The Ethics of Knife Collecting
A list of basic rules for Knife Collectors seems to have become necessary, probably because people in general have become more inline with the “If the rules don’t say you can’t; it must mean you can..” school of thinking.
I fully concur with the school of thought when it’s a competitive endeavor, but collecting isn’t supposed to be competitive. As a collector we are taking it upon ourselves to preserve historically important items for future collectors to enjoy. Collecting is a communal activity, what fun would it be to have a wonderful collection and keep it to yourself?
Collecting is about acquiring the items of our interest from sources both inside and outside of the collecting community. With that in mind, I believe we need a code of ethics by which to measure our activities.
Here’s what I have to start….
AS AN KNIFE ETHICAL COLLECTOR I PROMISE TO:
- Base all of my dealings on the highest plane of justice, fairness and morality.
- Promote Knife Collecting as a hobby while furthering the view of knives as tools and itens of interest rather than as weaponry.
- Encourage new collectors by providing guidance and assistance to assure their success.
- Furnish requested advice to the best of my ability and knowledge, and not to take advantage of superior knowledge on my part to the disadvantage of a less knowledgeable person. As a collector I will protect, preserve and share knowledge about items in my collection.
- Represent knives as genuine only when to the best of my knowledge and belief, such knives are in fact authentic, and when no significant question of their authenticity has been raised.
- Disclose all known defects, including tooling, re-engraving or reconstruction of knives I sell.
- Not to sell, exhibit, produce nor advertise counterfeits, copies, or reproductions of any knife unless their nature is clearly indicated as such.
- Neither to knowingly buy nor sell knives stolen from private or public collections or reasonably suspected to be the direct products of illicit activity.
- Not misrepresent the value of knives I buy or sell. Negotiating and “Horse Trading” are an integral part of the game and for many people the most fun. This is encouraged so long as both parties are playing fair and the resulting transaction is a win – win proposition.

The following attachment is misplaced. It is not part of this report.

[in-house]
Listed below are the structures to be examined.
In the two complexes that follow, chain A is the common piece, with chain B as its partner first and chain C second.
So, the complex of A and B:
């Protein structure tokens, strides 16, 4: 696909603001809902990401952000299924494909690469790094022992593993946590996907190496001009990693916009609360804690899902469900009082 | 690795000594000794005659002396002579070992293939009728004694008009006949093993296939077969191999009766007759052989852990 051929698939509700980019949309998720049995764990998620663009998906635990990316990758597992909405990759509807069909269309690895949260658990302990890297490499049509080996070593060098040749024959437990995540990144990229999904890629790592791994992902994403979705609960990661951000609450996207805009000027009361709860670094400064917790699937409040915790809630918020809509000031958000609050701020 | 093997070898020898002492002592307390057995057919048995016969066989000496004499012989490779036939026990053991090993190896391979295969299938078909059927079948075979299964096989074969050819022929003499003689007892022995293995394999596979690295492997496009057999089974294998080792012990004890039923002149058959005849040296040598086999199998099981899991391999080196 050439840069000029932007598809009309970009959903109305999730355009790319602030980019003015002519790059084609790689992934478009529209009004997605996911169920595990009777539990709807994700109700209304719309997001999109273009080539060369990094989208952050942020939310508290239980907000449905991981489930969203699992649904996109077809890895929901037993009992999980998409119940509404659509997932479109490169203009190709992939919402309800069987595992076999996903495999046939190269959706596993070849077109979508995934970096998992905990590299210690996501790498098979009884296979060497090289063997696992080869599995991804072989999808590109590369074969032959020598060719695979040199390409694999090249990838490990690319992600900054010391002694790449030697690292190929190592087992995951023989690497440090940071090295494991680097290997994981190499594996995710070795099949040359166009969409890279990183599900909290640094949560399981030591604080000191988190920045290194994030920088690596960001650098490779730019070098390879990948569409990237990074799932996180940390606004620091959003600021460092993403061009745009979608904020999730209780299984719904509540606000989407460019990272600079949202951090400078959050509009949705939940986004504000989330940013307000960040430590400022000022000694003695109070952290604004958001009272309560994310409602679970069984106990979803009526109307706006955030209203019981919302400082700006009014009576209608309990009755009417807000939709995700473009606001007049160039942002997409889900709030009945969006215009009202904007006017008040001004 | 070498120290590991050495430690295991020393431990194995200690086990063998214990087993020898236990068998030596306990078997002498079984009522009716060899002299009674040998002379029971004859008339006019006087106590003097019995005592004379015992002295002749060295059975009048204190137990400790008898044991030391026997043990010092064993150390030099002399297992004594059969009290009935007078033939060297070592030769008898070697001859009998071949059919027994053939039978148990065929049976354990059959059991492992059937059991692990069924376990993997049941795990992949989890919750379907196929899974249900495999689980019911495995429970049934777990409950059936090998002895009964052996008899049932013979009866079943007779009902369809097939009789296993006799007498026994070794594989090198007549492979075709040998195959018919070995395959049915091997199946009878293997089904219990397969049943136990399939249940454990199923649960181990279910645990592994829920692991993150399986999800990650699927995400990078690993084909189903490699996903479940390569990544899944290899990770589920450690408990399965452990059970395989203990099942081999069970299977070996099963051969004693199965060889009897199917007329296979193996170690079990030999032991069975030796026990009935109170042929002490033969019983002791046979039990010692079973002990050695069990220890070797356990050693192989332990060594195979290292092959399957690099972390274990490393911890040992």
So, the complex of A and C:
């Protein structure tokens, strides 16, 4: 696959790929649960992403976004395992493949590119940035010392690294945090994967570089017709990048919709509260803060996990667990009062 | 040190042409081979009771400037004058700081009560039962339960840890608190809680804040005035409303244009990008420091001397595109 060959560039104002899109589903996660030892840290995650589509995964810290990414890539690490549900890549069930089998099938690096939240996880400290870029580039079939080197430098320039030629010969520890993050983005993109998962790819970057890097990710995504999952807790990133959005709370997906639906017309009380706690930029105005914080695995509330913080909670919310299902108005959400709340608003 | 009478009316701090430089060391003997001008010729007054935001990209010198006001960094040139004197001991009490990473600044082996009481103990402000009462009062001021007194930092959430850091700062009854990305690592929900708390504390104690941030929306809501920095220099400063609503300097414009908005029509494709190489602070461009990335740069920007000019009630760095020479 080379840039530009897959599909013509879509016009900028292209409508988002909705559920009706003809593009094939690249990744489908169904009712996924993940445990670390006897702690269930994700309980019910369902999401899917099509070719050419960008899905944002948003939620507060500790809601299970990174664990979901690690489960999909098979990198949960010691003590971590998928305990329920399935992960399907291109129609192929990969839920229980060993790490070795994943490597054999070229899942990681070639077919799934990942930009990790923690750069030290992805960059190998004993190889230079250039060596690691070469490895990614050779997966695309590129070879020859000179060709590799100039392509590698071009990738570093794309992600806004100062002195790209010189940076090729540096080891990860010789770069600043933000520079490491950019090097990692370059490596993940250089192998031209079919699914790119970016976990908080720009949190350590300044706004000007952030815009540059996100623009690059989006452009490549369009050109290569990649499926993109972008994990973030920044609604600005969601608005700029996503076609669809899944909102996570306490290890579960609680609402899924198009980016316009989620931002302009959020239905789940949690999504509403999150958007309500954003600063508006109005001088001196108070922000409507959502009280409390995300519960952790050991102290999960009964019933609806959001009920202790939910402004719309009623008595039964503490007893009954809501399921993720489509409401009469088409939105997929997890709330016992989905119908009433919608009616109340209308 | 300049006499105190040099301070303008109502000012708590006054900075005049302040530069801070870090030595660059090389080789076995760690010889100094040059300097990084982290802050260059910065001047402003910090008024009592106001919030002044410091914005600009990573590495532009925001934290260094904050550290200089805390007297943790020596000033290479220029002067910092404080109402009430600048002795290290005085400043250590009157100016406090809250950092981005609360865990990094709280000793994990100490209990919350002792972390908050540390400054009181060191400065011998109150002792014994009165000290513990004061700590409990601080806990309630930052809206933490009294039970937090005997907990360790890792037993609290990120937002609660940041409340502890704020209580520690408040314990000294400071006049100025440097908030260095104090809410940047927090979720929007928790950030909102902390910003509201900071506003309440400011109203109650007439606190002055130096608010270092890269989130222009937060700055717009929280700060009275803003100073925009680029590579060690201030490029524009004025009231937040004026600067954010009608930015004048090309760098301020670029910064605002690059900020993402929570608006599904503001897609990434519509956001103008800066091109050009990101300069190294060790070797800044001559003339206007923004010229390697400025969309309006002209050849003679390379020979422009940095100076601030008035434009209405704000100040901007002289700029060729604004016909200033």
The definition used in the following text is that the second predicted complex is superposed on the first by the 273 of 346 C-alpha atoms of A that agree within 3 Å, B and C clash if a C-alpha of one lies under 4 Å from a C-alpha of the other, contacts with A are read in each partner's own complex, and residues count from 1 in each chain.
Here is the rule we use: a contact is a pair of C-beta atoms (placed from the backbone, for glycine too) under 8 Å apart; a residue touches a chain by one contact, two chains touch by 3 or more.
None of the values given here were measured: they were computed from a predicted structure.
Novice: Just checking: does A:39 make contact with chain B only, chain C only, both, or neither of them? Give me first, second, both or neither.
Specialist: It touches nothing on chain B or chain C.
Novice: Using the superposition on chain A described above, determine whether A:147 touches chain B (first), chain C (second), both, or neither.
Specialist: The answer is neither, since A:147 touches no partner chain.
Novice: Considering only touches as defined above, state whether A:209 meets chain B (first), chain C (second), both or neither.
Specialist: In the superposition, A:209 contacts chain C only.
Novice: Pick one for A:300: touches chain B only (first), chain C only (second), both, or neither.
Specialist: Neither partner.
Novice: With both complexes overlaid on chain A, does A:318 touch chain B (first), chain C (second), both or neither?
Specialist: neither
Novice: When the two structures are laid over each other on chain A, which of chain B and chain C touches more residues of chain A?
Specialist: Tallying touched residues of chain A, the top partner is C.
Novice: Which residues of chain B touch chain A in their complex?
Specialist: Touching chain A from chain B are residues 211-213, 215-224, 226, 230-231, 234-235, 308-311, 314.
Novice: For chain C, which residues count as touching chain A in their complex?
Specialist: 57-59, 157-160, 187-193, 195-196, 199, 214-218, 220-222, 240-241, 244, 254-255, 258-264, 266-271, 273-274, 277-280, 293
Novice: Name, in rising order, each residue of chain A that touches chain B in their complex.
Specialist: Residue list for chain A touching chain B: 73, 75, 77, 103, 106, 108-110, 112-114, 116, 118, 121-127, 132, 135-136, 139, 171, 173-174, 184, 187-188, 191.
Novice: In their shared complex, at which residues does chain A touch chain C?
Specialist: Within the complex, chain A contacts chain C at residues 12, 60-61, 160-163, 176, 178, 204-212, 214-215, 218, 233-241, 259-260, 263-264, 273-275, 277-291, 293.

- Take immediate steps to correct any error I make in any transaction.
These ten points will go far toward promoting our shared interest.
When a new collector is taken advantage of by one of the vultures who seem to lurk on the fringes of our hobby, not only does the new guy lose money, he also loses faith and most likely interest in knife collecting.
The Fakers, Liars and Charlatans chase the new blood away from the hobby. Like a miser ultimately comes to own everything, the victory is short lived as his once valuable collection is worthless since selling even one ends his monopoly. The value of a collection is based solely on the marketability of the items in it, a collection of used plastic forks has little value as nobody much cares about plastic forks.
Squashing the interest of an entering collector almost ensures a loss of value for your collection.
New collectors also bring with them more boots on the ground looking for the scarce items. You can’t hit every estate or garage sale on a given weekend; how many rare collectable knives become weed diggers or paint scrapers because nobody recognizes the rarity or value of it as a knife.
We need the kids and young adults to join the ranks of knife collectors if for no other reason than to have more people recognize the beauty and usefulness of fine knives to help avert the weaponization followed by government control of them as occurred in England.